Hello everyone, and welcome to our Monday Minute. Today I want to share with you a release of data from the OIG that has some (people) very concerned regarding hospice.

We know that there have been all kinds of medical reviews now opened again, following it being put on hold at the beginning of the Public Health Emergency and as of September 1, 2021, they have opened all dates of service and all medical reviewers basically have free reign as they did before the Public Health Emergency. In the opening up of that medical review, we have seen an unreal amount of audits being conducted on Hospices. We just recently learned that the OIG had said they were going to be doing some additional audits on Hospice. And then this past week, they have released information that spells out some of the data that is driving this additional audit that they’re going to be doing.  A few years ago, any of you that are involved in Hospice will remember the OIG audit that uncovered millions of dollars that were being paid out of the Medicare Part D fund for drugs while a patient was on Hospice. As a result of that, many changes came to what was required in Hospice, including some specific drugs that are very typical in Hospice were restricted for pharmacies to even fill those prescriptions, if a patient were in the system as a Hospice patient. There has since been other evidence that other drugs, other than the limited ones, are being paid for by Medicare Part D, even while the patient is on Hospice.

The release of data that just occurred this past week, includes the discovery of all of the money that Medicare Part A and B are paying to non-Hospice providers while a patient is on Hospice. This leaves the OIG very concerned. One of the reasons that CMS implemented the election statement addendum last October 2020, was specifically geared at allowing hospices to have a tool to be able to share with patients, the items, services, and drugs that they had determined to be unrelated to the terminal condition and related conditions. As a result, there may have been some differences in the items, services and drugs that Hospices now realize they must provide, but the data from the OIG is based on 2019, and actually is from 2010 through 2019. So basically a 9-to-10-year period, which shows billions of dollars being paid in non-Hospice services while patients are on hospice. The OIG data release alludes to the fact that they expect that this data will be instrumental in looking at payment reform for the Hospice benefit, and to put restrictions in place to prohibit non-Hospice services to be paid when they really should be included in the Hospice benefit. We have known that Part D was a problem for a very long time. I don’t know that we were really thinking about or aware that there were so many Part A and B services being paid to non-Hospice providers while patients were on hospice.

What do you do if you’re a Hospice provider, you begin to look at your internal processes immediately and determine that you are truly including and providing everything that you should be providing as a part of the per diem payments that you’re being paid as a Hospice provider for the care of your patients.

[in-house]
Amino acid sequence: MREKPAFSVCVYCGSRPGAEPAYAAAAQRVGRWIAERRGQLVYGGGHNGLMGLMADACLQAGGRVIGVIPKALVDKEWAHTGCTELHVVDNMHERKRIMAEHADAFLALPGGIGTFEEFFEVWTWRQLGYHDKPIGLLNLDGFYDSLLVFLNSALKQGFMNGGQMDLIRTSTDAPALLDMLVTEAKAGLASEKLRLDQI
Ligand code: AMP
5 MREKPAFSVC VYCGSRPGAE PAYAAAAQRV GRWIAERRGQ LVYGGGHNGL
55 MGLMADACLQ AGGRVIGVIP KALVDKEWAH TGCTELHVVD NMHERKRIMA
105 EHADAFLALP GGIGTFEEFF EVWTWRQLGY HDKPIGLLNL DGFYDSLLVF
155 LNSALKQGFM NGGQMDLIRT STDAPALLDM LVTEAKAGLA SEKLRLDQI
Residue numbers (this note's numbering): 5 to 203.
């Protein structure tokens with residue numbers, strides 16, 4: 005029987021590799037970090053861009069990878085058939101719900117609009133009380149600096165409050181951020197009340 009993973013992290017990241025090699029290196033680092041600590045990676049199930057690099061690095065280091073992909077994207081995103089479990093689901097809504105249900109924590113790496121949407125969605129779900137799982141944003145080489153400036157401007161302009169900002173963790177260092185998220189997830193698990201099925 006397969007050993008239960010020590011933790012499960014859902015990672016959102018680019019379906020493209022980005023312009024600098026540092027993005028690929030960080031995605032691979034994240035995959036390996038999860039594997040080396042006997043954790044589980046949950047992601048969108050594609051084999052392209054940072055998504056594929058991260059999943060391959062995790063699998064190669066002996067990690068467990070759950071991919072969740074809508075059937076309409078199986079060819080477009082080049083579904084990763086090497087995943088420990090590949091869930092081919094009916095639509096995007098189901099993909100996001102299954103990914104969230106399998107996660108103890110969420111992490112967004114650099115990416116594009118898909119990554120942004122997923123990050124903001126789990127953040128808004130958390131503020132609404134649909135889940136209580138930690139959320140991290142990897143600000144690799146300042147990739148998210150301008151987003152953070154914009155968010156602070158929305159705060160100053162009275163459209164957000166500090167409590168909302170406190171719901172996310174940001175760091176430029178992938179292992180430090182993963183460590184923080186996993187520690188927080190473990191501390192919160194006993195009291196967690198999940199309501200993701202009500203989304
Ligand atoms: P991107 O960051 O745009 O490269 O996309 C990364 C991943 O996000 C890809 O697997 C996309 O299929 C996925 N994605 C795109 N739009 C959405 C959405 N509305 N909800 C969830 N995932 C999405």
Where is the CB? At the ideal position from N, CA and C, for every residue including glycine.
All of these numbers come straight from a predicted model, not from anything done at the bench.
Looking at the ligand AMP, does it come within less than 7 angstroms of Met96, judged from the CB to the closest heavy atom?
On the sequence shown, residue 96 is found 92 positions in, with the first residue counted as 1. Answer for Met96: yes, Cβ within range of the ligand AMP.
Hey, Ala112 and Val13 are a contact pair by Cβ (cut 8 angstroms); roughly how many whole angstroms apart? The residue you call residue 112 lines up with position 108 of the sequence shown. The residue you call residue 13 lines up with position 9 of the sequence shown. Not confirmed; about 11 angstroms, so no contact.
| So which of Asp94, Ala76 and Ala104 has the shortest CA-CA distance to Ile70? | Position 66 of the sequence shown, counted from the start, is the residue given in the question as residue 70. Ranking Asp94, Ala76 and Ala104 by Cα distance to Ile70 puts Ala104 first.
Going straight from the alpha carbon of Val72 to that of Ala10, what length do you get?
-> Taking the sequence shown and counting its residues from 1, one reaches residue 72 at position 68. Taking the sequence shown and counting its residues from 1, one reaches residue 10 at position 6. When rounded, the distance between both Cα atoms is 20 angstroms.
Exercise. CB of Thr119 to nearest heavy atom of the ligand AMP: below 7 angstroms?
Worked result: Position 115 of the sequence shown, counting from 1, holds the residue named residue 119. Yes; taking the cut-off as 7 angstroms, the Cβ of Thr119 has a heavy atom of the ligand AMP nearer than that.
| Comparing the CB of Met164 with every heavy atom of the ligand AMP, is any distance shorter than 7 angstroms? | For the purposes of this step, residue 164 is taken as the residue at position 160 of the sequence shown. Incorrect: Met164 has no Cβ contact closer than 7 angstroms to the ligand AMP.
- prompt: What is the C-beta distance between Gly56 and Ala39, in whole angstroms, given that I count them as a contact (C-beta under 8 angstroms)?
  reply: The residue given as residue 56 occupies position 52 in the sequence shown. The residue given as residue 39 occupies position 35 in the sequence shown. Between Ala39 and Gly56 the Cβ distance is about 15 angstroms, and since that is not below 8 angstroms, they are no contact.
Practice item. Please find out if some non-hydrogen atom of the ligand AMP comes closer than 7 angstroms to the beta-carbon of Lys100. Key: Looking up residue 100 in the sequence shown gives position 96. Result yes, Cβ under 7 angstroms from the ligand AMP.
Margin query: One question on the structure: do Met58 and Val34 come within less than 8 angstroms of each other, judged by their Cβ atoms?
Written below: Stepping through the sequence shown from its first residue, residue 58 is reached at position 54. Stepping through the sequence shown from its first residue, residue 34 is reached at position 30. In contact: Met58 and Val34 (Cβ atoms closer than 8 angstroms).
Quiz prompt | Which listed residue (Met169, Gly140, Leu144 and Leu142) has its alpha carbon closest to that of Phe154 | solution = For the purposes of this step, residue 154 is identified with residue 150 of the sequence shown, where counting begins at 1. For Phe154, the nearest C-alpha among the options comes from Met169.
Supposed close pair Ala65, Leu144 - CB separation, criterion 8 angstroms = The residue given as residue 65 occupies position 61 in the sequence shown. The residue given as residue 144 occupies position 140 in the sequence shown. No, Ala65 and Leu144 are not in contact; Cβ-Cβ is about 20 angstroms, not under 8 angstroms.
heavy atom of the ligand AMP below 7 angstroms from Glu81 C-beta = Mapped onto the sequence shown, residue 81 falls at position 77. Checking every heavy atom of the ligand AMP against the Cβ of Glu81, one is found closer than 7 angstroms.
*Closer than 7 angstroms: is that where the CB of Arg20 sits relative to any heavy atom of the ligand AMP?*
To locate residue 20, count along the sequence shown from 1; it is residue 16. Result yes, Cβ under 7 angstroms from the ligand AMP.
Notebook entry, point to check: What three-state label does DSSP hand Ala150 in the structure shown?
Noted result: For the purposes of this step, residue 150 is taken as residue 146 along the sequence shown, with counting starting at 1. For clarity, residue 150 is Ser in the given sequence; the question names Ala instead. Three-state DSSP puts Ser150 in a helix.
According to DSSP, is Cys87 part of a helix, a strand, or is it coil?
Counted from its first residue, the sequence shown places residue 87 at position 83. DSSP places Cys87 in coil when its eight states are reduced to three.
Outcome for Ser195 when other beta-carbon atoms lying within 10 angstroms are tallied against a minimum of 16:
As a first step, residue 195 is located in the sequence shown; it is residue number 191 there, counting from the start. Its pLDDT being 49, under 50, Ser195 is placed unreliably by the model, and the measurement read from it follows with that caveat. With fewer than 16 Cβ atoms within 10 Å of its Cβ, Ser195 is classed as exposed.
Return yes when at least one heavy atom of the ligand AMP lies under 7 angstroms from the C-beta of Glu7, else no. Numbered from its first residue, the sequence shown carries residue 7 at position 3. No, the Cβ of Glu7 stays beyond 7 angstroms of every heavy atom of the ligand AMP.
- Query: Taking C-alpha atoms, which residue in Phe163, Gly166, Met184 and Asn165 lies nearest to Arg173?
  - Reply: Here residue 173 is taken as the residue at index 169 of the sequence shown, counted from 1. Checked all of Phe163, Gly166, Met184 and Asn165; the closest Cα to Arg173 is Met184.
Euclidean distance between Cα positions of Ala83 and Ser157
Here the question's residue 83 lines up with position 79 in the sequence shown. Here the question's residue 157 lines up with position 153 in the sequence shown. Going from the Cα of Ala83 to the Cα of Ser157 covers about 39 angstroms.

You also can look at data. For example, from the PEPPER Report, the PEPPER Reports added a target in the update that was released in April 2021. That includes a calculation to determine what percentage of your patients had Medicare Part D expenditures while your patients were on Hospice. That’s a good place to start if you don’t know where to start.  The reality is, the Hospice benefit was made or built to be a pretty much all-inclusive benefit and it’s proven that this has not been the case. And this data basically is just giving more fuel to the stance that CMS is duplicating Medicare payments when they are paying Hospices per diem, and then paying additionally out of other funds for those services that really should have been included in those per diem payments.

We do expect, in addition to all the medical review that’s happening by the Medicare contractors now, that there are going to be more OIG audits coming in the very near future. My anticipation and this is solely my anticipation, is that they will likely be looking at those data reports that look at specific Hospices and percentage of money that’s being spent on those Hospice patients for non-Hospice services, and likely audit the ones that have the highest percentage of non-Hospice services being paid while their patients are on service.

I really, truly feel like we are a blessed industry in Home Health and Hospice. I truly am thankful for all of you out there on the front lines. When things like this come to light, it’s a very difficult situation, especially for all the providers out there that are trying so hard and so diligently to truly take care of patients and make their lives easier. I want to make sure that you’re aware of this report. Also, make sure that you again are tuned in to your State and National Home Care and Hospice associations to keep updated on the latest information regarding not just this audit, but anything that might be coming down the pike that affects your Hospice, or even Home Care.

Thank you all again, for taking care of patients for listening today. We will provide a link in this minute to the OIG data released. Thank you and have a fabulous week.